Mitosis and the bladder cancer.
By: Bailey Ball
Bladder Cancer is the sixth most common cancer in the United States after lung cancer, prostate cancer, breast cancer, colon cancer, and lymphoma. It is the third most common cancer in men but only the eleventh most common cancer in women.
On the right is a picture of a man with bladder cancer, and on the left is a doctor helping you through everything. The 5-year rate refers to the percentage of patients who live at least 5 years after their cancer is diagnosed. Of course, many people live much longer than 5 years
Bladder cancer cells can spread by breaking away from the original tumor. They can spread through the blood vessels to the liver, lungs, and bones. In addition, bladder cancer cells can spread through lymph vessels to nearby lymph nodes. After spreading, the cancer cells may attach to other tissues and grow to form new tumors that may damage those tissues. See the staging section for information about bladder cancer that has spread.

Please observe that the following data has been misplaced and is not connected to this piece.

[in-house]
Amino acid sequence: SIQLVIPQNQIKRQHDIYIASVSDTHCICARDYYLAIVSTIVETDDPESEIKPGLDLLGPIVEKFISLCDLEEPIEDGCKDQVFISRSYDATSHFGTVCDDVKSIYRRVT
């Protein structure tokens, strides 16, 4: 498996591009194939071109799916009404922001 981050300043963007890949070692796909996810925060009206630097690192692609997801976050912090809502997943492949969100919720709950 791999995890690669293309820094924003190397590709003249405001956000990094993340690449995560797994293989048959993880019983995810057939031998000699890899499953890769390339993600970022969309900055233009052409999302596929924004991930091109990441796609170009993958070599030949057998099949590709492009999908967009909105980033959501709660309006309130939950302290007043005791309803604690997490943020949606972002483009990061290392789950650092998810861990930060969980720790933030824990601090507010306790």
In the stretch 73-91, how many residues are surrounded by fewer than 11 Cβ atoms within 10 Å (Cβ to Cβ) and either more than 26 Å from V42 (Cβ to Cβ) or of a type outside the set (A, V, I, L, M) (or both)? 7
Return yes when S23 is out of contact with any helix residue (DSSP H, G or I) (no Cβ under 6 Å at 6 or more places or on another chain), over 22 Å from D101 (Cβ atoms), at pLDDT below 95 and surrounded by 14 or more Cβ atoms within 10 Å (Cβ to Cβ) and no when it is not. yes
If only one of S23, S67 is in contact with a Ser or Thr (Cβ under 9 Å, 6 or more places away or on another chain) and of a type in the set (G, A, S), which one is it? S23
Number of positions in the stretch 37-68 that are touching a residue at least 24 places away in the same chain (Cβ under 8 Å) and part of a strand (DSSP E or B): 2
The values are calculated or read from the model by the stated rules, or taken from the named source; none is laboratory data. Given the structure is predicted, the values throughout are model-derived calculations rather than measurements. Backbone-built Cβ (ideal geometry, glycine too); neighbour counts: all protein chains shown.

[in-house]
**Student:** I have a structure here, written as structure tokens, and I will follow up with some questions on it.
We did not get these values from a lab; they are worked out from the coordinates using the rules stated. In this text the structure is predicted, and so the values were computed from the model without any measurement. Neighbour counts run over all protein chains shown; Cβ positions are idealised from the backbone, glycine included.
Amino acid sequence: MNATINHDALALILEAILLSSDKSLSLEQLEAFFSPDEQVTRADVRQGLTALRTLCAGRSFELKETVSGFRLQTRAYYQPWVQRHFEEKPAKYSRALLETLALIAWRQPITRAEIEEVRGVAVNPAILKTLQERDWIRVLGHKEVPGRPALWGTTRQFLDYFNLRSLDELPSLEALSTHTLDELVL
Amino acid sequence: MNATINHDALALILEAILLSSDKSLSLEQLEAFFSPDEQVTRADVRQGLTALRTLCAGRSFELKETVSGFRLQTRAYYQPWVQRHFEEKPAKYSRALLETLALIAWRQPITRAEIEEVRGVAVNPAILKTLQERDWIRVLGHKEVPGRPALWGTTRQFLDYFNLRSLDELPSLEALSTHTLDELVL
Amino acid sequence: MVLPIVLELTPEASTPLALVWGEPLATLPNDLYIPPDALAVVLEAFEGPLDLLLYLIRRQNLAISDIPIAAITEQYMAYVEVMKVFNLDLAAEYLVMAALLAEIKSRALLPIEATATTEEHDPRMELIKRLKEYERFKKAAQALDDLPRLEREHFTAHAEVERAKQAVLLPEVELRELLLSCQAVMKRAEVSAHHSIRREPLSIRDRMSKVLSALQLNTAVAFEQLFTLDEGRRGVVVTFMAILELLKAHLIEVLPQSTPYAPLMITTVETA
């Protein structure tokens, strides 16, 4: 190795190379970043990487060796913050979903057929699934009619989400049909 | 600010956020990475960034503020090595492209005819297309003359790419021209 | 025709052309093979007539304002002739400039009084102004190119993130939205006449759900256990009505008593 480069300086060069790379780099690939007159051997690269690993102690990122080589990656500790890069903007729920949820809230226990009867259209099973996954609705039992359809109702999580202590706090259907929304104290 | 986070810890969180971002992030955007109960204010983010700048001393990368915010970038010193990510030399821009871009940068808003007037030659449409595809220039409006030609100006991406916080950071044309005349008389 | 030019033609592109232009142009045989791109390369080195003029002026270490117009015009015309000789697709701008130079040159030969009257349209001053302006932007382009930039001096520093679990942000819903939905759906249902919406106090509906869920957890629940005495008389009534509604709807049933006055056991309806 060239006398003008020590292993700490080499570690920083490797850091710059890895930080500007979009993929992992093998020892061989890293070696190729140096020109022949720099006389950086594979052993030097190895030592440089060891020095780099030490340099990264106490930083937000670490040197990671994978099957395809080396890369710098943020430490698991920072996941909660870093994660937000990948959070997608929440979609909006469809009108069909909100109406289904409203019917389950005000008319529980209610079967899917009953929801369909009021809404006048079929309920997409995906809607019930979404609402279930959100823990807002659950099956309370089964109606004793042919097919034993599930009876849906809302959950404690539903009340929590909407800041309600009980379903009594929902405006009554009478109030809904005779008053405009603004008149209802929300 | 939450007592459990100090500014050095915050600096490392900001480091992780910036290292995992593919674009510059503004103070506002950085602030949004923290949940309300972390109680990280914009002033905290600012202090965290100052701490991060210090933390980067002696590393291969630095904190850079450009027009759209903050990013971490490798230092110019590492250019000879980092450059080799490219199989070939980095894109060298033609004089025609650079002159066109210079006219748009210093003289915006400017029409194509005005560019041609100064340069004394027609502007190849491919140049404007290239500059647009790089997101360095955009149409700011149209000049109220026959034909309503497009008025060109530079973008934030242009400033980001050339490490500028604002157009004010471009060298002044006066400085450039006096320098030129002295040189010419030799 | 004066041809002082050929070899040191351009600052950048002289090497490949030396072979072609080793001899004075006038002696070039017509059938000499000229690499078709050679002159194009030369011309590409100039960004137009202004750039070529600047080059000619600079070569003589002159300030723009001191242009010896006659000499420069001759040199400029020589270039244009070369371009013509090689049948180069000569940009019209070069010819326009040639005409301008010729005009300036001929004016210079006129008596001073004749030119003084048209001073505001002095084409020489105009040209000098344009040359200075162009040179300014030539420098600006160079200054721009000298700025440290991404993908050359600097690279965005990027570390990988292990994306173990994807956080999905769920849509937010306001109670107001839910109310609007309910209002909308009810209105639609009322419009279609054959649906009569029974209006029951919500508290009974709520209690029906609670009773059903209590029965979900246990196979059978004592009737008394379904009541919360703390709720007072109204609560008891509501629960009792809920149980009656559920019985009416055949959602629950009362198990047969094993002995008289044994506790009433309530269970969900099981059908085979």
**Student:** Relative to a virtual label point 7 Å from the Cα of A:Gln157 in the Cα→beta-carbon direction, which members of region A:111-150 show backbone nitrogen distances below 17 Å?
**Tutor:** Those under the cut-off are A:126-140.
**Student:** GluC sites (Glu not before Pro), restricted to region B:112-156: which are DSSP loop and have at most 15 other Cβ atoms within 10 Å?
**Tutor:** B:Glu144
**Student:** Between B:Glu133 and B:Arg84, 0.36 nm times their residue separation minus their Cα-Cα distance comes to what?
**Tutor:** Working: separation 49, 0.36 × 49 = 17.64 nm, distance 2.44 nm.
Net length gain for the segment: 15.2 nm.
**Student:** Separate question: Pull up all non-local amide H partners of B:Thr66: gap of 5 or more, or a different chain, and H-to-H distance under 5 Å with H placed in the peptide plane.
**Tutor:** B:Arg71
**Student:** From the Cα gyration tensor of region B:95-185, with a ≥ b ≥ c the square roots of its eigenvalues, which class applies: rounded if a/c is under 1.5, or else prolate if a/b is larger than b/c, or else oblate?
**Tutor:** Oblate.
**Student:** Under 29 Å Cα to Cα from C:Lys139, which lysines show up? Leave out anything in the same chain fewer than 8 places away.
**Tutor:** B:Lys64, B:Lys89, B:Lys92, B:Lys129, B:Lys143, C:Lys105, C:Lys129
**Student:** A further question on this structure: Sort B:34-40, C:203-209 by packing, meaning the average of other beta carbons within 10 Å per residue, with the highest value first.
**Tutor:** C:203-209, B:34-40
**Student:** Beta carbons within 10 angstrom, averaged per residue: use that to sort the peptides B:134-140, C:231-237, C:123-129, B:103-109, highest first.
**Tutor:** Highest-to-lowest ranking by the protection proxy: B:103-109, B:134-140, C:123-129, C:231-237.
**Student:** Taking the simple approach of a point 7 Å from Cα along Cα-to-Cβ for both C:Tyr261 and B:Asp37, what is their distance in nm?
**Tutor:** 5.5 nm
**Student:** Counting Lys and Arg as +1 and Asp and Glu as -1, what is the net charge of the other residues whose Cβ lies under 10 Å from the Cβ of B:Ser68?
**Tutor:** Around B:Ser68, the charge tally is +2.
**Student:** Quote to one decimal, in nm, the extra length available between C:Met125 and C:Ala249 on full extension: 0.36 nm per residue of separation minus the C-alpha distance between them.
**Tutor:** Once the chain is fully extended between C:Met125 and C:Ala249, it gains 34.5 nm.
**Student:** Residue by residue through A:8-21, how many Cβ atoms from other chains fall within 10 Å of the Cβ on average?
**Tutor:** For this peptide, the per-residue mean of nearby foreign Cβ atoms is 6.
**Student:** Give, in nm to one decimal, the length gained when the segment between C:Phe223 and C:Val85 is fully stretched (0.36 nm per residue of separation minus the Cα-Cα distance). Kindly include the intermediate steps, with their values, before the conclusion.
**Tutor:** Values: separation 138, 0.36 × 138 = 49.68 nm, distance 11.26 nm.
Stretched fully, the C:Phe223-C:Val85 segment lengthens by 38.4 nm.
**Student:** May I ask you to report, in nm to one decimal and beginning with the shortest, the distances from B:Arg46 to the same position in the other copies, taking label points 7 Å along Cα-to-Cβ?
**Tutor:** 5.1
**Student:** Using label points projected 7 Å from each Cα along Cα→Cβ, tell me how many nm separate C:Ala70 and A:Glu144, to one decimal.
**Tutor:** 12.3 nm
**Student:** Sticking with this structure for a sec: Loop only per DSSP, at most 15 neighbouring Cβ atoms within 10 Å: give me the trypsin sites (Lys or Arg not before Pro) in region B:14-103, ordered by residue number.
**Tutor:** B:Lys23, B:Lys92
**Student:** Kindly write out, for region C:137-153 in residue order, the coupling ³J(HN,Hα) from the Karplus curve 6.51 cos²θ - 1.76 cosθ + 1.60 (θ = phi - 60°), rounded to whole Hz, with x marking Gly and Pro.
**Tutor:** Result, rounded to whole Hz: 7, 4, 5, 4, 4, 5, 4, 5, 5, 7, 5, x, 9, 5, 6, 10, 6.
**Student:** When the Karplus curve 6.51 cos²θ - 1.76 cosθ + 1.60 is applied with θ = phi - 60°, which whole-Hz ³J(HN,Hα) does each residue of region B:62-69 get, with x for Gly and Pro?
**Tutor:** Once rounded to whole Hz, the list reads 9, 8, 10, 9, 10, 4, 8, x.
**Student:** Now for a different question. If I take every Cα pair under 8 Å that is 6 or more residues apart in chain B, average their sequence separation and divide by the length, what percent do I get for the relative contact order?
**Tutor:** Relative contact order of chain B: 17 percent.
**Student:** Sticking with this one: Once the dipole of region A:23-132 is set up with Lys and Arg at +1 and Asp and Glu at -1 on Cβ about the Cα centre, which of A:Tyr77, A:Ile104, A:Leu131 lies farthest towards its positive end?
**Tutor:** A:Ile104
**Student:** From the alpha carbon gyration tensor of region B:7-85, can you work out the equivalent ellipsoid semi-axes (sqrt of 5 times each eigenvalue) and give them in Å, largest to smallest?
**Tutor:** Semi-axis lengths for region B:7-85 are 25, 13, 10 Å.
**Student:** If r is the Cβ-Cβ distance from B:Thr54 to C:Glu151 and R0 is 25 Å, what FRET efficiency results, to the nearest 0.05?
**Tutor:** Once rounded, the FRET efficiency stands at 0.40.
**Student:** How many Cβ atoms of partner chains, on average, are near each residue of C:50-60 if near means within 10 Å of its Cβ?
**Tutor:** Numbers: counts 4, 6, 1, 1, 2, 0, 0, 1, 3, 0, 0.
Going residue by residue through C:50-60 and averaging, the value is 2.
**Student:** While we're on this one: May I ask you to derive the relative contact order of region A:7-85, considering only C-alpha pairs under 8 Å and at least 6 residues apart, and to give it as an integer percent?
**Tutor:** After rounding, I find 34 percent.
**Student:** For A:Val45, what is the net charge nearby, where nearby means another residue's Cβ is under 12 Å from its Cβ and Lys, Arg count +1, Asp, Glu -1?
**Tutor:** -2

Studies have found the following risk factors for bladder cancer are smoking, chemicals in a work place, personal history of bladder cancer, certain cancer treatments, arsenic which is a poison that increases the chance of bladder cancer.
The cell stages are Interphase, Prophase, Metaphase, Anaphase, Cytokenisis. Watch the presentation above the find out what they mean and the stages.
They can go into remission